Entity Tags: Mindy Kleinberg, Stephen Push, 9/11 Commission

Timeline Tags: Complete 911 Timeline, 9/11 Timeline

In a series of meetings with 9/11 Commission Chairman Tom Kean and Vice-Chairman Lee Hamilton, White House Counsel Alberto Gonzales continues to deny the commission access to White House documents and personnel (see Late January 2003). The commission wants access to classified White House documents, as well as interviews with President George W. Bush, Vice President Dick Cheney and National Security Adviser Condoleezza Rice.
Claim of Executive Privilege - Gonzales says that the access the commission wants is protected by executive privilege, which means that if advice given to the president by his staff is to have any value, it must remain secret. He thinks that, as the commission was created by Congress, if he gives the commission the access it wants, this will set a precedent, meaning the White House will have to turn over other documents to Congress.
Not a "Viable Position" - Kean thinks that this is not a “viable position” for Gonzales and that he must give them something. He asks himself if Gonzales understands the political damage he is doing to President Bush, and also if Bush knows what Gonzales is doing in his name. Kean is also aware that the commission could subpoena documents, but never makes this threat explicitly to Gonzales. Issuing subpoenas would lead to a constitutional argument that would do a lot of political damage to the White House. Kean believes that Gonzales will have to compromise in the end—9/11 was such a unique event that providing some access will not set a precedent. 9/11 Commissioner and former White House Counsel Fred Fielding is also extremely surprised by what Gonzales is doing. He knows it is only a matter of time before Gonzales retreats, and the longer it takes him to do so, the more damage he will do to Bush. [Shenon, 2008, pp. 122-126] Fielding will return as White House counsel in January 2007. In a scandal over the firing of US attorneys for allegedly political reasons, he will behave in much the same way as Gonzales does in this case. [Washington Post, 4/11/2007]
Gonzales Refuses to Meet Commission Lawyer - Gonzales insists on meeting only Kean and Hamilton and, following an earlier frosty meeting with executive director Philip Zelikow (see Late January 2003), refuses to see anyone else from the commission, including its counsel Daniel Marcus. When Kean and Hamilton return from the meetings with Gonzales at the White House, Marcus has to debrief them and work out a counter-strategy to what Gonzales’ position seems to be. “It was very messy,” Marcus will recall. Marcus also knows Gonzales is getting Bush in trouble: “Gonzales didn’t have good political judgment and staked out positions that got the White House in trouble—these kinds of wooden separation of powers arguments.”
Some Speculate Addington Behind Gonzales - Some commissioners and staff think that what Gonzales is doing is so damaging to President Bush that he may not even be expressing Bush’s views. According to this line of thinking, Gonzales is being directed by Vice President Dick Cheney and his counsel David Addington, both of whom are known to have extreme views on executive privilege (see June 26, 2007 and June 27, 2007). Kean will later say the commission “never knew” who was really behind the arguments. [Shenon, 2008, pp. 122-126]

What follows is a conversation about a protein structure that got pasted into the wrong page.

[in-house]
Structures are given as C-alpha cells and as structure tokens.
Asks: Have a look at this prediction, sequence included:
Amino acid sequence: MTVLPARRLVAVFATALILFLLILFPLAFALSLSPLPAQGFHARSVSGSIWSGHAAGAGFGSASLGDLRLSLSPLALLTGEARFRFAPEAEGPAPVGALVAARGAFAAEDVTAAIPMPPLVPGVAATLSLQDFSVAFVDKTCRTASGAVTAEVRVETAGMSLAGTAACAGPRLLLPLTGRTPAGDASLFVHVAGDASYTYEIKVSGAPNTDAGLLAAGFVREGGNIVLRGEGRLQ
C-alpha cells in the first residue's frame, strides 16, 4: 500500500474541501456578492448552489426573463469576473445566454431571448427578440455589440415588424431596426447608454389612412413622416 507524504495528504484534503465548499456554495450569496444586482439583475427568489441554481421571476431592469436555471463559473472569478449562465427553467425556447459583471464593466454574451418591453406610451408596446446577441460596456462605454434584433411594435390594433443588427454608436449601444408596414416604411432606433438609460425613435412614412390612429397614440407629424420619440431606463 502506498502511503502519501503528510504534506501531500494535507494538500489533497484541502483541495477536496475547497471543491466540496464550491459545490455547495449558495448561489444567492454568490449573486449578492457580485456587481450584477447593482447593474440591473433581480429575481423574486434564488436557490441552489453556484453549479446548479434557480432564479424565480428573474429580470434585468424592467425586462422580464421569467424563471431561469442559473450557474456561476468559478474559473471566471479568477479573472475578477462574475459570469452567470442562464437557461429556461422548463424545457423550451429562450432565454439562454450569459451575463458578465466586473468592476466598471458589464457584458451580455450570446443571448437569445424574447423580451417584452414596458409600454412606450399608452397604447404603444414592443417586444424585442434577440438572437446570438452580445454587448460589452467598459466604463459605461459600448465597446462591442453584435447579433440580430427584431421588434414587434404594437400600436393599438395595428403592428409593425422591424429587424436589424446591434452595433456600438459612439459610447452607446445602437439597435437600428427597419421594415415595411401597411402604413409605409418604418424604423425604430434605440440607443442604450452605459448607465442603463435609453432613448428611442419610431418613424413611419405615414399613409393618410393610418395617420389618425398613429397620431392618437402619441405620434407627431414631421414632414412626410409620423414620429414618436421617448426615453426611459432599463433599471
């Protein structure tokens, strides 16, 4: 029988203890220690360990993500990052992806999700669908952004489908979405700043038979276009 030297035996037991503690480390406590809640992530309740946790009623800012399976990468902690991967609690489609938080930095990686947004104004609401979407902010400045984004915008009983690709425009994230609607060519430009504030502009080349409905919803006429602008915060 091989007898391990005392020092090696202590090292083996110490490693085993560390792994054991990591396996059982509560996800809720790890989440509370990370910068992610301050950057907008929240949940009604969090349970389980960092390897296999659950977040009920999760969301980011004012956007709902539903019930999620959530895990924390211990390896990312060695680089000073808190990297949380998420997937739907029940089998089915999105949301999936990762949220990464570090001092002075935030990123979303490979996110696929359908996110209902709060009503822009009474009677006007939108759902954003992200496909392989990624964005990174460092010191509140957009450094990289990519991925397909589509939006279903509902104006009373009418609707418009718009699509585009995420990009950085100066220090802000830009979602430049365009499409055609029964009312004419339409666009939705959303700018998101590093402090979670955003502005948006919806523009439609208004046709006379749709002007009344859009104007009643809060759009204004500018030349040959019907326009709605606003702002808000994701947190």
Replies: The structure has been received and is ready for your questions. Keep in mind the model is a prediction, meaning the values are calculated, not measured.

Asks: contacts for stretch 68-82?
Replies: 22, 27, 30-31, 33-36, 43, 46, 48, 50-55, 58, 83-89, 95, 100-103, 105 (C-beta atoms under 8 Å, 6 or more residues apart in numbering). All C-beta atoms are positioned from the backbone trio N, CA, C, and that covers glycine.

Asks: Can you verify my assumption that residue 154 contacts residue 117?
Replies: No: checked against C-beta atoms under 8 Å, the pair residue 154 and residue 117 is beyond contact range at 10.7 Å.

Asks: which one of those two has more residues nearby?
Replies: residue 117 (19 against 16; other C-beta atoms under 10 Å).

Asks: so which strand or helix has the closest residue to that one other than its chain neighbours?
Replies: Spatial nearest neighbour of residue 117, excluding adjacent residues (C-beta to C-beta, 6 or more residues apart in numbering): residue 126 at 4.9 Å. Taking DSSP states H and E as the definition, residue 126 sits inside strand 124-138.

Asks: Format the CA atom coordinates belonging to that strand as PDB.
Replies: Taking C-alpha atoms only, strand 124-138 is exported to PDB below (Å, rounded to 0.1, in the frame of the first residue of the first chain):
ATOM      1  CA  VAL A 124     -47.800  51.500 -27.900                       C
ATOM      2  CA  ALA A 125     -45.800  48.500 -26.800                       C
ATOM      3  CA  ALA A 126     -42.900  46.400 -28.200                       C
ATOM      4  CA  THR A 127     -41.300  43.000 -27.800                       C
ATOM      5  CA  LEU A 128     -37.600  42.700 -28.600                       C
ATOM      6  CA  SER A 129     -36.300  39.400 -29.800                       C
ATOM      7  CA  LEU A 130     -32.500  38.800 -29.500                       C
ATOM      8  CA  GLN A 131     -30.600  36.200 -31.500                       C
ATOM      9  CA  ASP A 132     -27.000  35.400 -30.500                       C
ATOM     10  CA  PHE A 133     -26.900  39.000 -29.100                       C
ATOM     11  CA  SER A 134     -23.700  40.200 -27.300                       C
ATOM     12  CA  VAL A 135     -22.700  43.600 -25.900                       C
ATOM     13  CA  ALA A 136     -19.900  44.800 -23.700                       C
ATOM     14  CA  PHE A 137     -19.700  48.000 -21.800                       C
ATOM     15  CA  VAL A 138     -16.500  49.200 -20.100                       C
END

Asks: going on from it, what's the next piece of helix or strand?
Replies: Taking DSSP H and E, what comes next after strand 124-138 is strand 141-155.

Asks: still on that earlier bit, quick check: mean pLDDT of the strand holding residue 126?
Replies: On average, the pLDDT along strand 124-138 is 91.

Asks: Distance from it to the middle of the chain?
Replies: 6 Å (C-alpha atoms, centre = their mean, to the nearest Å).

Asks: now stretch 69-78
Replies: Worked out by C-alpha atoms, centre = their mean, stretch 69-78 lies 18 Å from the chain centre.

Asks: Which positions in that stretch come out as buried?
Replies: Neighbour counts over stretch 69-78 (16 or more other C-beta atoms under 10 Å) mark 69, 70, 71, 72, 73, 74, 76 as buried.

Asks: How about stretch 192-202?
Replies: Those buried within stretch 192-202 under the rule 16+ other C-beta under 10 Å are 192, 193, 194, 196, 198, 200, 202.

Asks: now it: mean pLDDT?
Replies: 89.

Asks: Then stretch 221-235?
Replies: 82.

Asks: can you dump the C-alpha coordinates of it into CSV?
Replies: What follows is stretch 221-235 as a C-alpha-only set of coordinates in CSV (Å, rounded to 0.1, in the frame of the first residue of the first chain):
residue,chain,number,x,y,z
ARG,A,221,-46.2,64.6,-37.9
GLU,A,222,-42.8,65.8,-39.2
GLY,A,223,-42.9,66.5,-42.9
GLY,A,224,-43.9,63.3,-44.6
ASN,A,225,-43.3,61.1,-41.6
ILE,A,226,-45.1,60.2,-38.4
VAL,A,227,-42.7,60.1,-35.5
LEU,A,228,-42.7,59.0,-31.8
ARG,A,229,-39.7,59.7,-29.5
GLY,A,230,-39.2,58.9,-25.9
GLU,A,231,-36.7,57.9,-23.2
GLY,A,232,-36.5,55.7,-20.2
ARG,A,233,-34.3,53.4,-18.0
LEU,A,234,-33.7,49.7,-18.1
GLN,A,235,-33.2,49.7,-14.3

Entity Tags: David S. Addington, Daniel Marcus, Alberto R. Gonzales, Lee Hamilton, Fred F. Fielding, Thomas Kean

Timeline Tags: Complete 911 Timeline, 9/11 Timeline

The 9/11 Commission releases a status report showing that various government agencies are not cooperating fully with its investigation. Neither the CIA nor the Justice Department have provided all requested documents. Lack of cooperation on the part of the Department of Defense “[is] becoming particularly serious,” and the Commission has received no responses whatsoever to requests related to national air defenses. The FBI, State Department, and Transportation Department receive generally positive reviews. [Associated Press, 7/9/2003] Commissioner Tim Roemer complains: “We’re not getting the kind of cooperation that we should be. We need a steady stream of information coming to us.… Instead, We’re getting a trickle.” [Guardian, 7/10/2003] The Commission is eventually forced to subpoena documents from the Defense Department and FAA (see November 6, 2003). Commission Chairman Tom Kean also highlights the presence of government “minders” at Commission interviews. The minders accompany witnesses the Commission is interviewing and come from the witnesses’ parent agencies. Kean says: “I think the Commission feels unanimously that it’s some intimidation to have somebody sitting behind you all the time who you either work for or works for your agency. You might get less testimony than you would.” He adds, “We would rather interview these people without minders or without agency people there.” [New York Times, 7/8/2003; Associated Press, 7/9/2003] However, Kean will later play down the effect minders are having on witnesses (see September 23, 2003), the full scope of which will be revealed in an internal Commission memo (see October 2, 2003).